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An iatrogenic pandemic of panic
Luc Bonneux and Wim Van Damme
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Analysis and comment
Other lessons 6 Government response to the House of Lords Science and Technology Committee’s
fourth report of session 2005-6 on pandemic influenza. February 2006.
Cm 6738. www.dh.gov.uk/PublicationsAndStatistics/Publications/
Other general lessons from the past are likely to apply GovernmentResponse/fs/en?CONTENT_ID = 4122401&chk = JoBgYf
to pandemic flu. Many people at the front line will (accessed 10 Mar 2006).
7 British Thoracic Society, British Infection Society, Health Protection
probably act with selfless heroism, including putting Agency. Clinical guidelines for patients with an influenza like illness during an
themselves at unnecessary risk.3 10 The experience with influenza pandemic. London: BTS, BIS, HPA, Oct 2005. www.dh.gov.uk/
assetRoot/04/12/17/55/04121755.pdf (accessed 10 Mar 2006).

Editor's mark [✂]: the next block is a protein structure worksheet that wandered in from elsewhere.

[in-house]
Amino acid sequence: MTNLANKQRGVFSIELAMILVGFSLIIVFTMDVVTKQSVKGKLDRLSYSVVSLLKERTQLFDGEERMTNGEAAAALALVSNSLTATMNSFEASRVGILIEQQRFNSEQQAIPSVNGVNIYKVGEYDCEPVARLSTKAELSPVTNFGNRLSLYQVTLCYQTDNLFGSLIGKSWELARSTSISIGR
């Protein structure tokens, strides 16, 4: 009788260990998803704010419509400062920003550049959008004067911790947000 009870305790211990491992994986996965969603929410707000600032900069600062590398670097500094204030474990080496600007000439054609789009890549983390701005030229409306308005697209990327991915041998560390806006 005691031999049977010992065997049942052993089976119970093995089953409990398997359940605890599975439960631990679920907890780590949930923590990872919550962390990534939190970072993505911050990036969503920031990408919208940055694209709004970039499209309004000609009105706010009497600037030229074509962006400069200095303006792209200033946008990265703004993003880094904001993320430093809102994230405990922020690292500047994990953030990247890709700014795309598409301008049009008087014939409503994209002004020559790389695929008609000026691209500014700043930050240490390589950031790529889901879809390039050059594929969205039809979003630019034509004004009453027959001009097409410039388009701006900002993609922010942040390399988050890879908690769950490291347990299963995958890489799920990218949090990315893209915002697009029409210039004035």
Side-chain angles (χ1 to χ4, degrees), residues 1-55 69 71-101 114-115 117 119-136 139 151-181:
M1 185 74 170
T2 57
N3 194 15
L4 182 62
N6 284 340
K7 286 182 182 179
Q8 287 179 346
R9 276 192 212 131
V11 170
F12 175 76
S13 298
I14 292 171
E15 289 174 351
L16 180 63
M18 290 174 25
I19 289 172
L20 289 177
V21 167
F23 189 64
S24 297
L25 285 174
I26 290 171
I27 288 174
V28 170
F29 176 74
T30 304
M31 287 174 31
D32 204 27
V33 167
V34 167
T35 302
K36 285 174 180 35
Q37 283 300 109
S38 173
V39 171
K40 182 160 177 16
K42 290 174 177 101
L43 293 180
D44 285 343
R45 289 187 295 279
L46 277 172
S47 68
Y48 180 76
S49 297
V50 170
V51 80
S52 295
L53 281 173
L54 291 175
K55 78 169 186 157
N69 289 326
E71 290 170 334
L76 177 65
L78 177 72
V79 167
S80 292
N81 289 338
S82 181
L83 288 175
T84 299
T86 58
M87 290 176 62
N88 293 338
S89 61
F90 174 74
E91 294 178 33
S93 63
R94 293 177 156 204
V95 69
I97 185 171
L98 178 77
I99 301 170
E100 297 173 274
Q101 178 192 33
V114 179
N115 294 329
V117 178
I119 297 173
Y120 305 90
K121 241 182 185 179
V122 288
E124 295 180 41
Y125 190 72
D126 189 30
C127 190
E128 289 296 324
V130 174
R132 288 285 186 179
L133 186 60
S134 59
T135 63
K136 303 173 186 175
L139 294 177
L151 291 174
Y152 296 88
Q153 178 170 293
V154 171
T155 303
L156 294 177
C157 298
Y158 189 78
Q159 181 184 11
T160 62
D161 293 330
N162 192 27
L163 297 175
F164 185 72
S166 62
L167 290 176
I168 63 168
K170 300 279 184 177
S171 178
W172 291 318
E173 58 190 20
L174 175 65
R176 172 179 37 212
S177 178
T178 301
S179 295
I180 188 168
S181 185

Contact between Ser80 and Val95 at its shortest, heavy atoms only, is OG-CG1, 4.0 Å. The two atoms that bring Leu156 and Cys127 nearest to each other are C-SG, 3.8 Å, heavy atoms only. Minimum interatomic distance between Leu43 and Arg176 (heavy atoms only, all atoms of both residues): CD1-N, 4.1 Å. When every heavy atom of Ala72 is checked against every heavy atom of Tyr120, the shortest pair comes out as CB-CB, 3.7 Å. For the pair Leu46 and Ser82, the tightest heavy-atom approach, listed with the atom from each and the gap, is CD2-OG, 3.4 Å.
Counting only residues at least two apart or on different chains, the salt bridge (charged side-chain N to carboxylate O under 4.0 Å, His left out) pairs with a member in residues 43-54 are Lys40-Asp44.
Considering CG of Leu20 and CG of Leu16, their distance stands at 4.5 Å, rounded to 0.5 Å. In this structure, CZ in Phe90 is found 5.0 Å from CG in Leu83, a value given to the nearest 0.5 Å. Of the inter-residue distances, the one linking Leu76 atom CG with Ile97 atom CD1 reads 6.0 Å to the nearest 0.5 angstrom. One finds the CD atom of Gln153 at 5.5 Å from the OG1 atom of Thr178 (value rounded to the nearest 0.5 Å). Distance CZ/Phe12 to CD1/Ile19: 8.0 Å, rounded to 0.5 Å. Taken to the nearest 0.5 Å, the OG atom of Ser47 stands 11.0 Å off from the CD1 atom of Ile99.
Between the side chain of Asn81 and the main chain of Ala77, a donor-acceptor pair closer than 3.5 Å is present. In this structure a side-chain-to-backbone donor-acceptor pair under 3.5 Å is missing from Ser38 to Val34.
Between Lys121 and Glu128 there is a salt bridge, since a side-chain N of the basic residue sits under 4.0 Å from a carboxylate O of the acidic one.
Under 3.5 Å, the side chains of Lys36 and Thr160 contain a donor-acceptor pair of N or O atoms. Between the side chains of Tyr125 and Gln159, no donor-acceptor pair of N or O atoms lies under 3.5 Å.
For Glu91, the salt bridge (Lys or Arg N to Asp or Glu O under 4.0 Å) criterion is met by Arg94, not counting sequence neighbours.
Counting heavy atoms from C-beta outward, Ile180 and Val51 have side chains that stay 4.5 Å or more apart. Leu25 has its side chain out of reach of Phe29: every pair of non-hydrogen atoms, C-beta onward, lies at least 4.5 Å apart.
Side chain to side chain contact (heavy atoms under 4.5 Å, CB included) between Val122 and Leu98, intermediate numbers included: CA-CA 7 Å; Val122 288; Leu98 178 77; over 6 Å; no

AIDS, variant Creutzfeldt-Jakob disease, and foot and 8 Lord Phillips, chair. The BSE inquiry. London: Stationery Office, 2000.
mouth disease highlights the need for caution in han- www.bseinquiry.gov.uk/ (accessed 27 Feb 2006).
9 Hugill J, chair. Report of the committee of inquiry into an outbreak of food
dling predictions from certain modellers. On a more
poisoning at Stanley Royd Hospital. London: HMSO, 1986.
positive note, lessons that appear to be learnt include 10 SARS Expert Committee. SARS in Hong Kong: from experience to action.
2003. www.sars-expertcom.gov.hk (accessed 10 Mar 2006).
the need for better forward planning and the benefits
11 House of Lords Science and Technology Committee. 4th report
of strong international collaboration.3 5 8 10 In 1990 the 2002-2003. Fighting infection. 2003. www.publications.parliament.uk/pa/
ld200203/ldselect/ldsctech/138/13801.htm (accessed 27 Feb 2006).